Aid agencies pull out of southern Sudan after SPLA faction’s threat



 

Mark Huband in Yuai, southern Sudan

The Guardian, 1 April 1993

 

RELIEF agencies in Sudan yesterday rapidly withdrew staff from the southern Jonglei region after the leader of one of the country’s warring factions accused United Nations workers of aiding a rival group.

Aid workers in agencies working with the UN’s Operation Lifeline Sudan left the towns of Ayod, Waat and Yuai after clashes between factions of the Sudan Peoples’ Liberation Army (SPLA). The towns are entirely dependent on. UN food aid. Relief food flights will not be stopped and taff are expected to be shuttled in and out of the three towns from Kenya each day.

The Torit faction of the SPLA, led by Colonel John Garang, accused the relief workers of assisting the SPLA’s Nasir faction led by Commander Riek Machar. The claim was strongly denied by Operation Lifeline’s director, Philip O’Brien.

Col Garang’s troops took the town of Kongor from Nasir forces at the weekend. In an interview at Yuai yesterday, Comm Machar said he would launch a fresh offensive to retake the town unless Col Garang withdrew.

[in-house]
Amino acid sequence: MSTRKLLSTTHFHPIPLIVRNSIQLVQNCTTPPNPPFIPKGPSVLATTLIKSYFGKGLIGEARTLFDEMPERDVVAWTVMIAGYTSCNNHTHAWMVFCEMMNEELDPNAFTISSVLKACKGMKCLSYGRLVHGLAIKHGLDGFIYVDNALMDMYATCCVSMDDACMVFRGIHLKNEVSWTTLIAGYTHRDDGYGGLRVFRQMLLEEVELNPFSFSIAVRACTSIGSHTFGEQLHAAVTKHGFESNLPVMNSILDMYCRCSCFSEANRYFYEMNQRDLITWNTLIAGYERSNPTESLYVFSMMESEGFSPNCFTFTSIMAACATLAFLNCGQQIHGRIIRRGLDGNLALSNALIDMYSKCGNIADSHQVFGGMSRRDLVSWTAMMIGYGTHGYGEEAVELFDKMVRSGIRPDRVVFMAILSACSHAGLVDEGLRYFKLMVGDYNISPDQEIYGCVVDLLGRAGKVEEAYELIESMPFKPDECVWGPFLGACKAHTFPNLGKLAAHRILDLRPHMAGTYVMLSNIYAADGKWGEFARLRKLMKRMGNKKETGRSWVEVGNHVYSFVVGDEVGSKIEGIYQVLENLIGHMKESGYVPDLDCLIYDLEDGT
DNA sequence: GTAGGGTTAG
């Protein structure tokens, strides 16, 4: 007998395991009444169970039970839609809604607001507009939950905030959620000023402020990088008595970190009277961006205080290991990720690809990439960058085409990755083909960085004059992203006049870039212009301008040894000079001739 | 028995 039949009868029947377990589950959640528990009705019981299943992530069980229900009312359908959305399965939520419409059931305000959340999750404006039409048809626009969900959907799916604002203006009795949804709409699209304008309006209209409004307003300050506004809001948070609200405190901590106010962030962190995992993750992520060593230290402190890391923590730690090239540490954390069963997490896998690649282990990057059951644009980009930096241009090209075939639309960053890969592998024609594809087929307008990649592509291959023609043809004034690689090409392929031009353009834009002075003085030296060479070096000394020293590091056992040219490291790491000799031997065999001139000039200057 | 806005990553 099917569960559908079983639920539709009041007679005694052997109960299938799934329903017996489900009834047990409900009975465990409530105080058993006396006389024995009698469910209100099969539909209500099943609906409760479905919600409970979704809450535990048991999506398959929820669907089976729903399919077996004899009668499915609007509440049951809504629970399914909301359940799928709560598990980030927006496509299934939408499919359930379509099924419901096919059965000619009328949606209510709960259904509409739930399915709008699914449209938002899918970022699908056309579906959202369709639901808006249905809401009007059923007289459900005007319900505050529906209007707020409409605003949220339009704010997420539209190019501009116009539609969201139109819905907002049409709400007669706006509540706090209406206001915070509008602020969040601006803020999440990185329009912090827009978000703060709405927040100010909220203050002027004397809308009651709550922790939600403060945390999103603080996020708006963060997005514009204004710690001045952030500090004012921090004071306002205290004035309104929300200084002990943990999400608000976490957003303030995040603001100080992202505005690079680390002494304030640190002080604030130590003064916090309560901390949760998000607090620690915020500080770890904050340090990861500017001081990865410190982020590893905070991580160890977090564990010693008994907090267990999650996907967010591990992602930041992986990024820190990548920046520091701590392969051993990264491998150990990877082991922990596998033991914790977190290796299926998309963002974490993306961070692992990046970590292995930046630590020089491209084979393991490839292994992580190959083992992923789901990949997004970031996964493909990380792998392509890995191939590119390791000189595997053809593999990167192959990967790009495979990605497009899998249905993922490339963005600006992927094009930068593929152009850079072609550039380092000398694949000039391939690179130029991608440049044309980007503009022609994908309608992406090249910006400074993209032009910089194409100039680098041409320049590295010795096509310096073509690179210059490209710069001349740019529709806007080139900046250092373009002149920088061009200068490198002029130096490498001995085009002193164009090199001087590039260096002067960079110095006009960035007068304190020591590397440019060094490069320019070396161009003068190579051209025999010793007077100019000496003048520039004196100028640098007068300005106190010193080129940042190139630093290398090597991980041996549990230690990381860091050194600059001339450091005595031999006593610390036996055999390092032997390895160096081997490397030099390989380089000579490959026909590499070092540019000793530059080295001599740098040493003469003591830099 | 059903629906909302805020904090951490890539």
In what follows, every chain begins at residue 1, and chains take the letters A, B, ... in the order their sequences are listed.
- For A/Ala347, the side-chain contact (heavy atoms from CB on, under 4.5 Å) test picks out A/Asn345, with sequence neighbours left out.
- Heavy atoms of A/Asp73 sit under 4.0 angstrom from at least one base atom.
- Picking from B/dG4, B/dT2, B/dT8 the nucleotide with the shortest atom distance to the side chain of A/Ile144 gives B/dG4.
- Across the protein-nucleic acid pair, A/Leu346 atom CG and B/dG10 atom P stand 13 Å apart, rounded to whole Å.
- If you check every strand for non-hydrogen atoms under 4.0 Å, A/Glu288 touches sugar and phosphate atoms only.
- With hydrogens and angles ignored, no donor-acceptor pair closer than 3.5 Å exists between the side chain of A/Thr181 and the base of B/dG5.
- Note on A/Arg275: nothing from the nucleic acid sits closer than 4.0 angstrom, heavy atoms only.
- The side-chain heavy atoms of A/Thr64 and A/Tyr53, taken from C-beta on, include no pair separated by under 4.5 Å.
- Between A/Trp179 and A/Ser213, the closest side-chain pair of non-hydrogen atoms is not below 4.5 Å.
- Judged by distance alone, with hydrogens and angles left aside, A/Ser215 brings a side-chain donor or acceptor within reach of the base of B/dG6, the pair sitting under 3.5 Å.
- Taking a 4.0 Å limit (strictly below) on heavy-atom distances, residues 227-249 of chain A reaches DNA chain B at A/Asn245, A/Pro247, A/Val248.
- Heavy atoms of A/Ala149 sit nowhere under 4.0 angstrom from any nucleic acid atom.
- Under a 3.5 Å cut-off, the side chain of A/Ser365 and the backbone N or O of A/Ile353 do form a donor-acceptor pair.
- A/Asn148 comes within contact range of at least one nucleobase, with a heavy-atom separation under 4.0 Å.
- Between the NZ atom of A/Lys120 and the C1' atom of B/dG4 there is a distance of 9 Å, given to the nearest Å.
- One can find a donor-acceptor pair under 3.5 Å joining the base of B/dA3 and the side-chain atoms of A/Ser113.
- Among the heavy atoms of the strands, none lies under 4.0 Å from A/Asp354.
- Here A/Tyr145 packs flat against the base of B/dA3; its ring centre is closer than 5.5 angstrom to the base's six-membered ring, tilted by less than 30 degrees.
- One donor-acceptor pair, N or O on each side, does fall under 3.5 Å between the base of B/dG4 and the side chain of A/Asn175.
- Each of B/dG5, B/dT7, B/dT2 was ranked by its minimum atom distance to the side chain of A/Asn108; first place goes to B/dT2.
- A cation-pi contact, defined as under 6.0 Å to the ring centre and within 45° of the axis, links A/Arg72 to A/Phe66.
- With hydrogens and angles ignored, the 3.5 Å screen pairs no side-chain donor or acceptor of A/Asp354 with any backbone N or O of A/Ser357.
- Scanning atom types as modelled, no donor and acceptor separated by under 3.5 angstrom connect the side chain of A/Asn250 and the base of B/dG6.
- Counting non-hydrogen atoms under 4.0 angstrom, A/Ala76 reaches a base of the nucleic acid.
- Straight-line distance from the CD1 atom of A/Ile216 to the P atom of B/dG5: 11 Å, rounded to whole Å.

During the fighting, the local UN representative, Jean-Francois Darq, was stripped to his underwear by Col Garang’s troops and forced to walk through thorn-bushes in scorching heat. UN sources said that, after four hours, Mr Darq fell down. The soldiers shot at him but fled when they came under attack. Mr Darq was not injured. He was found by Comm Machar’s troops and flown to Kenya.

Mr O’Brien and the Netherlands minister for development and co-operation, Jan Pronk, met Col Garang in Nairobi last night, and are believed to have strongly criticised the treatment of Mr Darq.

 

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